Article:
As of March 21, travel has been reduced by 52 percent in Tompkins County, winning it an ‘A’ grade for social distancing based on cell phone data, according to location data analytics company Unacast.
While travel in Tompkins County fluctuated from Feb. 28 until March 18, it has sharply fallen since then. After President Martha E. Pollack’s March 13 announcement canceling all in-person classes, many Cornellians were quick to move off campus and reduce their social contact with others.
Researchers at Unacast — a company that analyzes location data to help support its clients — are now using GPS data to determine changes in average mobility, comparing counties and states across the United States.
A foreign concept just weeks ago, social distancing has quickly entered the lexicon as one of the strongest tools by which society can confront the COVID-19 pandemic. By lowering the number of people that an infected person could come into contact with, the practice reduces the rate of infection and potentially helps “flatten the curve.”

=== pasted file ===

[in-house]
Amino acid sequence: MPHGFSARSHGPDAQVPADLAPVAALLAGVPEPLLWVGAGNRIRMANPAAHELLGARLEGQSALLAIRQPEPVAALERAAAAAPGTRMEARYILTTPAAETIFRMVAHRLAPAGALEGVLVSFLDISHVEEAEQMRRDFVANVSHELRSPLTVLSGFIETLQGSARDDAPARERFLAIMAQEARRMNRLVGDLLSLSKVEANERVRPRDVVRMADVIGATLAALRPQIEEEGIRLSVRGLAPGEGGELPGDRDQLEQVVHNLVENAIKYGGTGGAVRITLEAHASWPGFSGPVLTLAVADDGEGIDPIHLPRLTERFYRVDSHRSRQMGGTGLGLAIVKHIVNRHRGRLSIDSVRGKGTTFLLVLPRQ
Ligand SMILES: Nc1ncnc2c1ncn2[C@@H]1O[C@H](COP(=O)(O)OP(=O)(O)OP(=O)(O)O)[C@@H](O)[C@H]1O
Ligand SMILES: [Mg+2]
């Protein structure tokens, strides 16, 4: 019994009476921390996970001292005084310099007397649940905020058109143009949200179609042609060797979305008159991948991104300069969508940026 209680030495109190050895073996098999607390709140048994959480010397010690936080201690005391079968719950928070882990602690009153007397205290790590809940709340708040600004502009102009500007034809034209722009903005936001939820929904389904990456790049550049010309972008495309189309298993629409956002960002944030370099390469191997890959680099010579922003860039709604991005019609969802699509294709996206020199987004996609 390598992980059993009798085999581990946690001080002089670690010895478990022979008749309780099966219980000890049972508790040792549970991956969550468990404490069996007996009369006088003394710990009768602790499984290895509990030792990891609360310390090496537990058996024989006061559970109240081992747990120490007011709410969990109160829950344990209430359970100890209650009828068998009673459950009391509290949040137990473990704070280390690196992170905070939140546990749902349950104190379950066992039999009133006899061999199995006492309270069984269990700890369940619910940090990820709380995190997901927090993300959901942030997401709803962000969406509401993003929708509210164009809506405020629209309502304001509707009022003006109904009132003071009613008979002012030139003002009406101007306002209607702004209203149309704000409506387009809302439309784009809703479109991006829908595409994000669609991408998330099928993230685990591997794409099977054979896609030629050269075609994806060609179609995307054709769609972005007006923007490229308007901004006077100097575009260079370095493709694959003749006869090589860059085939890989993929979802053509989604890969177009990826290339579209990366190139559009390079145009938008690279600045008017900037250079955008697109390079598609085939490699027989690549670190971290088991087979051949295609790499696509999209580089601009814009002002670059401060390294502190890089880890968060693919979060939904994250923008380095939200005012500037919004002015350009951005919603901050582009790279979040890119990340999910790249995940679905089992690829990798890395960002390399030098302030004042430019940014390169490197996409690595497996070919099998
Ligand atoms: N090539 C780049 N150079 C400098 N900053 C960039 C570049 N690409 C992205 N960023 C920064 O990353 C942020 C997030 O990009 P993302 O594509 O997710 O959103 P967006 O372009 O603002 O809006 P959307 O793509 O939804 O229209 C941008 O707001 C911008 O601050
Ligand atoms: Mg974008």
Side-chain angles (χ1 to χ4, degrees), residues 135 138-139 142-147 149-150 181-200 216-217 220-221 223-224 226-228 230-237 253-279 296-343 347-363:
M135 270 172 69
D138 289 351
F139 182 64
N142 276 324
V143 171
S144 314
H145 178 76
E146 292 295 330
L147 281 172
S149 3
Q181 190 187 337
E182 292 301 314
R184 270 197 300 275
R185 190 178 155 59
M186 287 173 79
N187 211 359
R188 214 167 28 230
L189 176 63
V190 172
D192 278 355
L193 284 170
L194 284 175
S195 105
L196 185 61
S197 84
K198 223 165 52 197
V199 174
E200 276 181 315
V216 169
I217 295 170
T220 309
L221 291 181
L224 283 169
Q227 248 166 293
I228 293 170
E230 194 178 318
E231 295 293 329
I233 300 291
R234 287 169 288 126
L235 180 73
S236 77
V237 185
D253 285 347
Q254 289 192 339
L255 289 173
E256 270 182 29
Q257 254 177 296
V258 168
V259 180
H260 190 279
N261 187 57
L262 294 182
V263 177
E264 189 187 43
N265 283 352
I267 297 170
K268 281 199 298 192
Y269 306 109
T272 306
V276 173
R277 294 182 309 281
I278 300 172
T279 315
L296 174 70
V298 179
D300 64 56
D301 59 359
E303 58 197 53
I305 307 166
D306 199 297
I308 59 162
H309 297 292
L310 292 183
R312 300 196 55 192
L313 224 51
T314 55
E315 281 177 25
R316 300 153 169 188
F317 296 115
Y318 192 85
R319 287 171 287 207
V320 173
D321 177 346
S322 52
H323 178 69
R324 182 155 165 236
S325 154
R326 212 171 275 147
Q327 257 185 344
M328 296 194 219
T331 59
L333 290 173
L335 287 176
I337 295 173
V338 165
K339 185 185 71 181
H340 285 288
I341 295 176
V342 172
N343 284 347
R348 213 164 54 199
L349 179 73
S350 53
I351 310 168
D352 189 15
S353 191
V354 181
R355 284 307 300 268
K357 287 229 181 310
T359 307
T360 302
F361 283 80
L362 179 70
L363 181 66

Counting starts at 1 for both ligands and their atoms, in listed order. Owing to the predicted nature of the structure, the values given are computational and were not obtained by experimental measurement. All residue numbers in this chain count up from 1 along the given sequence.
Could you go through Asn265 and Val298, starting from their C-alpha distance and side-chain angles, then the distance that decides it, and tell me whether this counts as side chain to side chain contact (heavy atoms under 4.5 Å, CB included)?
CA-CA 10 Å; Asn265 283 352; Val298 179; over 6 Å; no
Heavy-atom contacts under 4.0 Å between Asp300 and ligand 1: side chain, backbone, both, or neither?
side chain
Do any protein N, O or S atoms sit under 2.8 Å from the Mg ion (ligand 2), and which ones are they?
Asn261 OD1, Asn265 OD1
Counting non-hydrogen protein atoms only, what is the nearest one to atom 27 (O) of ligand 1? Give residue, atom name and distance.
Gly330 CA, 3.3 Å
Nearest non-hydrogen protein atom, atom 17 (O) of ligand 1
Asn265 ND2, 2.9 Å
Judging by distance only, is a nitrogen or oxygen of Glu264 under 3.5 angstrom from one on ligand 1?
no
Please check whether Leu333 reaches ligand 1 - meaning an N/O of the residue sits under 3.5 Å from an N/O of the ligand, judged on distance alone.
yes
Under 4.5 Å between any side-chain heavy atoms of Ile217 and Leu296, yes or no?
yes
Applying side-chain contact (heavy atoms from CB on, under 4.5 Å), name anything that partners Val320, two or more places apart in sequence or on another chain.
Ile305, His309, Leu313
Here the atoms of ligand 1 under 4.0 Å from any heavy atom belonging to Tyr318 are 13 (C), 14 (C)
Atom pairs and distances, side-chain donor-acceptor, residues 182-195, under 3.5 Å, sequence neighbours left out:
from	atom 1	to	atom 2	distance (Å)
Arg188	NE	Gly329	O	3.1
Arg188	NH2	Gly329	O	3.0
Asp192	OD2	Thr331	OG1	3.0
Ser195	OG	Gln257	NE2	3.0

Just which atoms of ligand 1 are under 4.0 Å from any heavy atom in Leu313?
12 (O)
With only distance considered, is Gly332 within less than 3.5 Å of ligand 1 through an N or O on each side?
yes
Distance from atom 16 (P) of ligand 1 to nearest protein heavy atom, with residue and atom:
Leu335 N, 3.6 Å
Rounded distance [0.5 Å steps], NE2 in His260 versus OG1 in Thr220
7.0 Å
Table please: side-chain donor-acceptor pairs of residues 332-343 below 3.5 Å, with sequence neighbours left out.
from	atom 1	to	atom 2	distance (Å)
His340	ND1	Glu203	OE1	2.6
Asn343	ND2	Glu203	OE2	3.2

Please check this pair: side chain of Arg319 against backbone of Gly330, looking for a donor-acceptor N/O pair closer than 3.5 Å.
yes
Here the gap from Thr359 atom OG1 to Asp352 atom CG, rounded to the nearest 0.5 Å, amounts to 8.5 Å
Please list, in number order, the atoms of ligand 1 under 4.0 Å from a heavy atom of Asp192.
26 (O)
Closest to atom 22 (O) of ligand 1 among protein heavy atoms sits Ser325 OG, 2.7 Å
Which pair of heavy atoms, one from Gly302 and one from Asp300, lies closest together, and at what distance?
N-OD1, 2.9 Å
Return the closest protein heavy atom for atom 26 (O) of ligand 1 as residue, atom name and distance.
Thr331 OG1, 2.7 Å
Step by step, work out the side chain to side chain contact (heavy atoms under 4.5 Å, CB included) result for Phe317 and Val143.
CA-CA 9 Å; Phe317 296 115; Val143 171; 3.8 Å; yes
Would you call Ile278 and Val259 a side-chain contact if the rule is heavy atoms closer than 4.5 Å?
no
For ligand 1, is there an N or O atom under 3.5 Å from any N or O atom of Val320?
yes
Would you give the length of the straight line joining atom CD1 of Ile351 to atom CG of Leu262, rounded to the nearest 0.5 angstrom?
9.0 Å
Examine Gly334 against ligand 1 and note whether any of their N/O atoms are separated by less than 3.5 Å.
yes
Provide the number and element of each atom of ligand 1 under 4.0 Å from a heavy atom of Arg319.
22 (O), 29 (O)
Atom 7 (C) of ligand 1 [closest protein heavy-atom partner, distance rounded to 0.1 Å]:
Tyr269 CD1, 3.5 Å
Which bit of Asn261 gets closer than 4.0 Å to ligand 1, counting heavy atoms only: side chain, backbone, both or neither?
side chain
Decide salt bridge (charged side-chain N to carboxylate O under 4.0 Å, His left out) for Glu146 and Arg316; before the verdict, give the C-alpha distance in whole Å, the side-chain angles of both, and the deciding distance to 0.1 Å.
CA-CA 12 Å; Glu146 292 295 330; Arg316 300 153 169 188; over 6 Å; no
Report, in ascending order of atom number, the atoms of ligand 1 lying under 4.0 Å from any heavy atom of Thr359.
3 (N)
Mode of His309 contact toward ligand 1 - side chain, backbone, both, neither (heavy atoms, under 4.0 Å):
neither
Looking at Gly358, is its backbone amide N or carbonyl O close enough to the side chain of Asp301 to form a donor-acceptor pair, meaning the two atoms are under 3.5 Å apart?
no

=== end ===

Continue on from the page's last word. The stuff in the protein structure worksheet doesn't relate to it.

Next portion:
While broad swaths of America are now under “stay-at-home orders,” New York State — a national epicenter of the virus whose case count now doubles every three days — was one of the first to enforce strict social distancing measures.
Last Sunday, Gov. Andrew Cuomo (D-N.Y.) announced that all non-essential businesses must close indefinitely, helping reduce movement both in Tompkins County — which now reports 18 confirmed cases — and across the state.
According to Unacast’s data, Tompkins County is one of the top five counties in New York State for social distancing, joining New York, Nassau, Westchester and Richmond, all of which are located in the hard-hit New York City metropolitan area.
But despite the fact that efforts to contain social contact have been implemented internationally for weeks and months now, there is still wide variability in social distancing across the United States. For instance, videos of college students packing Florida beaches last week drew swift backlash for defying the recommendations of public health officials.
The five states most effective at social distancing are currently Alaska, Nevada, New Jersey, Rhode Island and Washington D.C., while the worst five states are Oregon, New Mexico, Idaho, Montana and Wyoming.